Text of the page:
Architect creates model of monarch’s palace after discovering material on banks of Thames

Thursday, 17th February 2011

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Published: 17th February, 2011
by DAN CARRIER

IT was a piece of careful detective work sparked by squelching through Thameside mud – and the result is the first complete view for hundreds of years of a palace once occupied by Henry VIII.

Architect turned archaeologist Nicholas Wood, who lives in South Hill Park, was mudlarking along the banks of the Thames in Greenwich at low tide when he noticed wooden piles driven into the murky tidal banks. On closer examination, he realised they dated from Tudor times – and discovered they were part of a long lost grand palace that served as a riverside home for the Monarchy.

Mr Wood was so inspired by his chance discovery that he set about researching the building that once stood in the grounds of Greenwich Park – and has now built a highly detailed scale model from balsa wood, which he handed over to the Greenwich maritime museum this week.

“After I saw the posts and pieces of Tudor tiles and pottery sticking up from the mud, I called the Museum of London and they confirmed the area was once the site of a Tudor palace,” said Mr Wood.

He soon discovered plans and paintings long forgotten in museum archives and decided the time had to come to rebuild the home to kings including Henry VII and VIII, his ill-fated wife Anne Boleyn, and for a time Queen Elizabeth I, albeit on a rather smaller scale.

“I found that there were two good drawings done by a Dutchman called Wynaerd,” said Mr Wood. “They were very detailed.”

He also found an archaeological survey completed 40 years ago that found other foundations under the lawns of the Greenwich Observatory. 

To ensure he got the interiors right, Mr Wood was also given a behind-the-scenes tour of Hampton Court, dating from the same period, and was allowed to crawl among the rafters in the roof to check he got the construction techniques right. He also brought some invaluable personal experience to bear.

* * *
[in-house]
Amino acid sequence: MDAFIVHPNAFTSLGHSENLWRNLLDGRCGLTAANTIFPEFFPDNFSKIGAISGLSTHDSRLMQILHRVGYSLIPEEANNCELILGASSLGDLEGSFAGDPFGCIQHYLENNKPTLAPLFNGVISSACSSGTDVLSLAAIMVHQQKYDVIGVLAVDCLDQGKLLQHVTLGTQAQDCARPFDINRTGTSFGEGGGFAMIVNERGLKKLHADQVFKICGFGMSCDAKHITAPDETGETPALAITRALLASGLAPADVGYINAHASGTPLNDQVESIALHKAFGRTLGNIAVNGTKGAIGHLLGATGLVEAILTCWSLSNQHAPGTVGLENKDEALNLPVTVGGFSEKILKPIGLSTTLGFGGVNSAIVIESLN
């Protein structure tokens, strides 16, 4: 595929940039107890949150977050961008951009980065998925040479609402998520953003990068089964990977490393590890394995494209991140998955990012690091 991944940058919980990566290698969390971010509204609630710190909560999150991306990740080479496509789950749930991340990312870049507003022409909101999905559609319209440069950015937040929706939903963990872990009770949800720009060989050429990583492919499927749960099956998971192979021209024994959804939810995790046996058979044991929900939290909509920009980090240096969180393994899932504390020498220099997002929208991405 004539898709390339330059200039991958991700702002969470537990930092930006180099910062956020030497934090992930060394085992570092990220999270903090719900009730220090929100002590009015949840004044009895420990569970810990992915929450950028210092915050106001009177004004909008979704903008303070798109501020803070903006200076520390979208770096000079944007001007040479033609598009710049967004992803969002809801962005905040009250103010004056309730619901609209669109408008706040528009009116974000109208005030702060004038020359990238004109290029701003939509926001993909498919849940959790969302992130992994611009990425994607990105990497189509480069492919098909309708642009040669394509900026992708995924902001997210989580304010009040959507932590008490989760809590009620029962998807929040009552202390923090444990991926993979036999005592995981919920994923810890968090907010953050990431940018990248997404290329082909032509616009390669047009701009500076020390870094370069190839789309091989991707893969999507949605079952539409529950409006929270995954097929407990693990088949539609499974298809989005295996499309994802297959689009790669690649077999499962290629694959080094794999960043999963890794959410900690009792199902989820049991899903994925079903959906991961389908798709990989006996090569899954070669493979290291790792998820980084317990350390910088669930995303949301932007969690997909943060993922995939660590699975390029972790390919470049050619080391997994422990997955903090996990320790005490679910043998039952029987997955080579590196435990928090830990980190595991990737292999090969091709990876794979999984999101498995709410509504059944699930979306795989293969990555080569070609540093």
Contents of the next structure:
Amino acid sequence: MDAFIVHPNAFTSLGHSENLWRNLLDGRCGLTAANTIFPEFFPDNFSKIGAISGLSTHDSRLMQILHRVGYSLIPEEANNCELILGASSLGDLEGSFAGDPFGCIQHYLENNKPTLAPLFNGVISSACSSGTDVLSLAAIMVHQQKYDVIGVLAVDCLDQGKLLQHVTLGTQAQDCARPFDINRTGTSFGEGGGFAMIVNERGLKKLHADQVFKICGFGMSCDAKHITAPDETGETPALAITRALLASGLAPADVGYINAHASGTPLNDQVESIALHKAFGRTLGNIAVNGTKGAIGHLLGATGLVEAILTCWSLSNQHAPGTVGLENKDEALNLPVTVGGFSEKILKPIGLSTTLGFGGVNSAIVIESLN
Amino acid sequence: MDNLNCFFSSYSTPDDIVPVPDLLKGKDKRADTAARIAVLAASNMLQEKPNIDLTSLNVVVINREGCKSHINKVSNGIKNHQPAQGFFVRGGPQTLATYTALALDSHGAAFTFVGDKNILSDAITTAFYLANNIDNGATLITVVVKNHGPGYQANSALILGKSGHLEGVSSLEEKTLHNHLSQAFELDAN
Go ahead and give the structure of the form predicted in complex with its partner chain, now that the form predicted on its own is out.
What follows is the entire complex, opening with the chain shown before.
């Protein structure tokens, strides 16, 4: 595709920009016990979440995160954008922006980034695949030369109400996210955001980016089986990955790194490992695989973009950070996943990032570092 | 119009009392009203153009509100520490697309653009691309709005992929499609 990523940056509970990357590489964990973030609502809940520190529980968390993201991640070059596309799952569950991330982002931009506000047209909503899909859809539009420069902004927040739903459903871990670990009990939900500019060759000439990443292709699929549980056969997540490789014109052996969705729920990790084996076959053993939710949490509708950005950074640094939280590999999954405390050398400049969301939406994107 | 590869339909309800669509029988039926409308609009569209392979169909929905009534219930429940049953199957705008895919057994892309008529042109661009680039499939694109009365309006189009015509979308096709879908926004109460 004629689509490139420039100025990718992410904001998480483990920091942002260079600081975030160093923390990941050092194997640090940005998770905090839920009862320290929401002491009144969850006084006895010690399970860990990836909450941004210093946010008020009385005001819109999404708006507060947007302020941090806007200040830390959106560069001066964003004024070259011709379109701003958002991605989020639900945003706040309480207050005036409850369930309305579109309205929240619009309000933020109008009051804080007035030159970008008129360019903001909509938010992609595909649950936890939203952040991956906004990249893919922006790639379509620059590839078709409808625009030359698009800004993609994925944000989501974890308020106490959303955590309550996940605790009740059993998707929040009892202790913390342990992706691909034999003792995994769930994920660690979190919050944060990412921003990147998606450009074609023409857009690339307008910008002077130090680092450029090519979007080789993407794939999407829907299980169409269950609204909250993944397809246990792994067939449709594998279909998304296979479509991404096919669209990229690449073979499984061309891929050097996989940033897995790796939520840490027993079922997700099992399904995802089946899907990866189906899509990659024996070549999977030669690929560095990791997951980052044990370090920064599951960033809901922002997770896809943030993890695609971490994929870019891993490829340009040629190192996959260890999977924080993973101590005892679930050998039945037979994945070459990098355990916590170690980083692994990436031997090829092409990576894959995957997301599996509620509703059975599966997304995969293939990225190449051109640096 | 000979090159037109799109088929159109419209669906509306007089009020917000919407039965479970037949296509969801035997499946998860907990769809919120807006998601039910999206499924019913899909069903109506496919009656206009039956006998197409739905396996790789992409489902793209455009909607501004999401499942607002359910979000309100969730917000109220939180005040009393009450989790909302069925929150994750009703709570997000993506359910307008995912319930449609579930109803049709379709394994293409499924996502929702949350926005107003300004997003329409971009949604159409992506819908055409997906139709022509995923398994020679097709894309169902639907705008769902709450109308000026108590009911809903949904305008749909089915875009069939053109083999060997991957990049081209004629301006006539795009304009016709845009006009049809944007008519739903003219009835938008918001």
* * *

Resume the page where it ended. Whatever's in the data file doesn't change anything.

Mr Wood said: “I lived at St John’s College, Cambridge, which was built between 1511 and 1518 – the same time as the palace – so I knew what the interiors would look like.”

“I was also able to check from the Wynaerd pictures and the foundations where fireplaces would have been: I married them up to the chimney pots above.”

And the posts that set him on his way were also correctly identified as supporting a slipway into the Thames for boats. 

“It all tied together quite nicely – I am quite good at measuring things and I was able to get its length and size right,” said Mr Wood.

And the finishing touches to the rooms have been helped by the legendary Gospel Oak doll’s house afficionado, Christine Baybars, which makes the palace feel like King Henry may walk through one of the studded oak doors at any time.

Mr Wood said: “I’ve included a Tudor chess set with a game on the go.”

His interest in mudlarking came about when he worked for the Greater London Council in the early 1980s.

“I was a housing architect for them and when the GLC was being run down I had some time on my hands,” said Mr Wood. “I used to use my lunch breaks scouring the beaches of the Thames just outside County Hall when the tide was low.”

Mr Wood also worked for the Saudi Arabian King Fahd on a project to map and rebuild parts of the country’s ancient capital, and has also worked on similar schemes in the Roman city of Pompeii. He has built replica models of the type of homes the people of Pompeii would have lived in.

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